A total of 100 Swiss medical students were enrolled in the study. 59 of these students were Group 1 (year 3/4), and 41 students were in Group 2 (year 5/6) [Table 1]. A two-tailed t-test was performed and demonstrated that the late clinical students (year 5/6) performed marginally better than the early clinical students (year 3/4) on the written assessment both before and after the teaching sessions (P < 0.025). This was the only significant difference found in between the groups at any point in the study. Maximum score for the written test was 15.
|Table 1: Illustration of written test before 2-day point of care ultrasound course and after 2-day point of care ultrasound course for early and late clinical Swiss students|
Click here to view
For the hands-on practical assessment of the cardiac and FAST bedside examination, both early and late clinical groups did not show significant differences in performances before or after the teaching session [Table 2]. After the teaching session, the late clinical students scored an average of 11.74 points (out of a maximum 13) for the cardiac examination and 9.5 (out of a maximum 14) points for the FAST examination. The early clinical students averaged 11.19 points for the cardiac examination and 9.09 points for the FAST examination after the teaching session. While both groups individually improved significantly from their presession baseline scores, the final scores were exceedingly similar.
|Table 2: Illustration of cardiac and focused assessment with sonography in trauma ultrasound skills before and after 2 day point of care ultrasound course|
Click here to view
| Discussion|| |
The main findings of our study were that POCUS can be taught to medical students in a peer to peer fashion and that there is no difference in knowledge acquisition between early clinical students and late clinical students. The study evaluated a large sample size of Swiss medical students with no prior formal education with English competency trained by American 1st-year medical students. While it may seem that later clinical students would perform better in the practical assessment of FAST and cardiac bedside ultrasound, we were unable to determine any significant difference between the performance of students in early or late clinical training. Both groups improved significantly, however.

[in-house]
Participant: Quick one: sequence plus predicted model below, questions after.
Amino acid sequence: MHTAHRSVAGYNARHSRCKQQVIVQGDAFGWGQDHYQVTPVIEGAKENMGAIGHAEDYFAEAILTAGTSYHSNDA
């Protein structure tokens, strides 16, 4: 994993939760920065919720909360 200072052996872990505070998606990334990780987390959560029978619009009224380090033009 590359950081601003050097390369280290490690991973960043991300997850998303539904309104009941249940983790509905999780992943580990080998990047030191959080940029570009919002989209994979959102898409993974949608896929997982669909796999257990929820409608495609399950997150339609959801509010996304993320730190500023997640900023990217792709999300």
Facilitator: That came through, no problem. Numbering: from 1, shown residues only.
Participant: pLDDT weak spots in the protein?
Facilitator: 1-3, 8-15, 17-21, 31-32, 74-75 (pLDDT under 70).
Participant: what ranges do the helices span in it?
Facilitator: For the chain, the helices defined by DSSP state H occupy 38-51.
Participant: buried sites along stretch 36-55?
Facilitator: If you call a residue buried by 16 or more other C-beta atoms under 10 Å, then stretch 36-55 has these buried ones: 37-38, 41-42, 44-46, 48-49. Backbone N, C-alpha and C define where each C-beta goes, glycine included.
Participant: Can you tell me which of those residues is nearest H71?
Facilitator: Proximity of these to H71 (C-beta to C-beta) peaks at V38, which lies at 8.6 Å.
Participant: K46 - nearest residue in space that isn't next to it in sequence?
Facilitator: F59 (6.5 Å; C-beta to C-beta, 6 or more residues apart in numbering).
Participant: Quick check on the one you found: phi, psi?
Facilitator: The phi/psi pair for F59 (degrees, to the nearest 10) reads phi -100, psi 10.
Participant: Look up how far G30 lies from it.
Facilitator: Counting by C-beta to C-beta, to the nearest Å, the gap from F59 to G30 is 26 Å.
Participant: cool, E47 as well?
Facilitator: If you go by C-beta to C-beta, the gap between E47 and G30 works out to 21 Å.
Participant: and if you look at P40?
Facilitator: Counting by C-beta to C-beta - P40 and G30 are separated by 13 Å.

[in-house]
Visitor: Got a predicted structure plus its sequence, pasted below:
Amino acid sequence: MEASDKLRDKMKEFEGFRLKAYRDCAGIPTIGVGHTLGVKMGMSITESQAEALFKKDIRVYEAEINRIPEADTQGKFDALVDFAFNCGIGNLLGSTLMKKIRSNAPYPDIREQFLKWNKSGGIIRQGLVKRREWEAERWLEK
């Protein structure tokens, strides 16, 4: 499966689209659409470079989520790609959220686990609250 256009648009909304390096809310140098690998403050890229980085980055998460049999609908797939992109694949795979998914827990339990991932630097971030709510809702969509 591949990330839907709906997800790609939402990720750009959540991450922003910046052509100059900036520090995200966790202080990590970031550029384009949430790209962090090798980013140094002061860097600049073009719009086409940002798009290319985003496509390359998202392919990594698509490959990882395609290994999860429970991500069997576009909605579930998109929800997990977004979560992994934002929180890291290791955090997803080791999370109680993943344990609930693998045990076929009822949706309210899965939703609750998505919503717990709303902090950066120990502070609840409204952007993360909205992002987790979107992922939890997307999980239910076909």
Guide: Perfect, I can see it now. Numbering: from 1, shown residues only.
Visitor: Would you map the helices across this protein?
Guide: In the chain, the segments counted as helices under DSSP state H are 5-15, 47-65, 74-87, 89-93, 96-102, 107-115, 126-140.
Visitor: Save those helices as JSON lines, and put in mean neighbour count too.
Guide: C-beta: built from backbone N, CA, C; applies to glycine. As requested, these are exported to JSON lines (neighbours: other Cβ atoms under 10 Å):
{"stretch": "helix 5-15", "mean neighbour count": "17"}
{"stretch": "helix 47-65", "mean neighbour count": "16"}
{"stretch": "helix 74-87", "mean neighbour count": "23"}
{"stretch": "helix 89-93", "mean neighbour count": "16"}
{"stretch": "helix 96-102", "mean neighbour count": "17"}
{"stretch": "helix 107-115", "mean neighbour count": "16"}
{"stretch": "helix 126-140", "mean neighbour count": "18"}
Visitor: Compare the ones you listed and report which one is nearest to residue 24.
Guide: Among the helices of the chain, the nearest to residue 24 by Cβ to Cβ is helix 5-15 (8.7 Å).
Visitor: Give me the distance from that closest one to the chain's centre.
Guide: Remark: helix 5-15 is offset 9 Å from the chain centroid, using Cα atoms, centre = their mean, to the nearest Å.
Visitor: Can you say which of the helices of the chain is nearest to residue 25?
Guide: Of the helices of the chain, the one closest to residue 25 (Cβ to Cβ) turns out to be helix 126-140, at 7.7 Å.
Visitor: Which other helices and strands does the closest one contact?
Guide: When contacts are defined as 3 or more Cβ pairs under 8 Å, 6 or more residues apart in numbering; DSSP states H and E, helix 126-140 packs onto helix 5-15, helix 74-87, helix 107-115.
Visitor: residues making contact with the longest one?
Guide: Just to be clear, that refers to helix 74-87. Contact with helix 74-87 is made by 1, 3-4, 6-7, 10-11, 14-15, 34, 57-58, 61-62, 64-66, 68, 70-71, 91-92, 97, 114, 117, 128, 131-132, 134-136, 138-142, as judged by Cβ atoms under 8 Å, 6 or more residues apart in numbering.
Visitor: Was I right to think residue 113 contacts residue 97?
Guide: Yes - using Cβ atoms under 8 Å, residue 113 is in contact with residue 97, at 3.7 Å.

Ultimately, both groups scored well enough to indicate competency in the FAST and cardiac ultrasound examinations (Group 1: FAST = 9.09/14, cardiac = 11.19/13; Group 2: FAST = 9.5/14, cardiac = 11.74/13). This suggests that students in their early clinical training can effectively learn FAST and cardiac bedside POCUS as effectively as their counterparts in late clinical training, indicating that ultrasound can be incorporated into medical education at whichever time is most convenient for each school's curriculum. Their similar increases in pre- to post-test score indicate that they acquired a comparable amount of knowledge over the 2-day workshop, and the similarity of their final scores indicate that both groups were equally able to achieve a high level of competency of the scans.
In the written assessment, we found that students in late clinical training outperformed students in the early clinical years in both the pre-and post-tests. We attributed this finding to the higher probability that students with late clinical training have additional medical education and clinical experience which gives them a larger base of knowledge to draw on for the written test, which was multiple choice. That being said, a written test is not as good an indicator of ultrasound ability as a practical one, but has the advantage of a knowledge focus.
This apparent equality in ability of early and late clinical Swiss medical students to learn POCUS could be very useful for determining at which time point to incorporate ultrasound education into American medical school curricula. The value of integrating ultrasound POCUS into undergraduate medical education is being increasingly recognized, and given the need for national guidelines in American ultrasound education, this study aims to determine when would be the most effective time to learn POCUS.,,,, While there are some studies that illustrate the use of peer-to-peer educational programs in medical school, there are relatively few studies on medical students teaching ultrasound to other medical students., Further investigation is needed into this concept. Potential future studies could include an assessment of long-term retention of the skills and knowledge obtained, to find differences between students of different levels of experience. If there is a difference, the most appropriate time point to start ultrasound education could better further characterized.
This study has several limitations. First, there are many differences in curriculum models between Swiss and American medical schools. Swiss medical school contains pre-clinical years, then early and late medical, educational years. Thus, this difference may affect the performance of Swiss preclinical students and make these conclusions less generalizable to American preclinical students. This model has appeared to be effective with Swiss medical students. It is unclear if similar results would be achieved in other European countries. In addition, it is unclear if there would have been better knowledge acquisition if expert sonographers were used to each ultrasound. Long-term knowledge was not formally tested in this study. Additional studies must be performed to determine the minimum amount of training required to be an instructor and the retention rate of ultrasound knowledge.
| Conclusion|| |
Our data suggest that Swiss medical students can learn and perform cardiac and FAST ultrasound after a 2-day instructional course taught by trained 1st-year American medical students. In addition, no difference was found between students in their early clinical training and late clinical training for the ability to perform and to interpret FAST and cardiac POCUS.
Financial support and sponsorship
Conflicts of interest
There are no conflicts of interest.
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[Figure 1], [Figure 2]
[Table 1], [Table 2]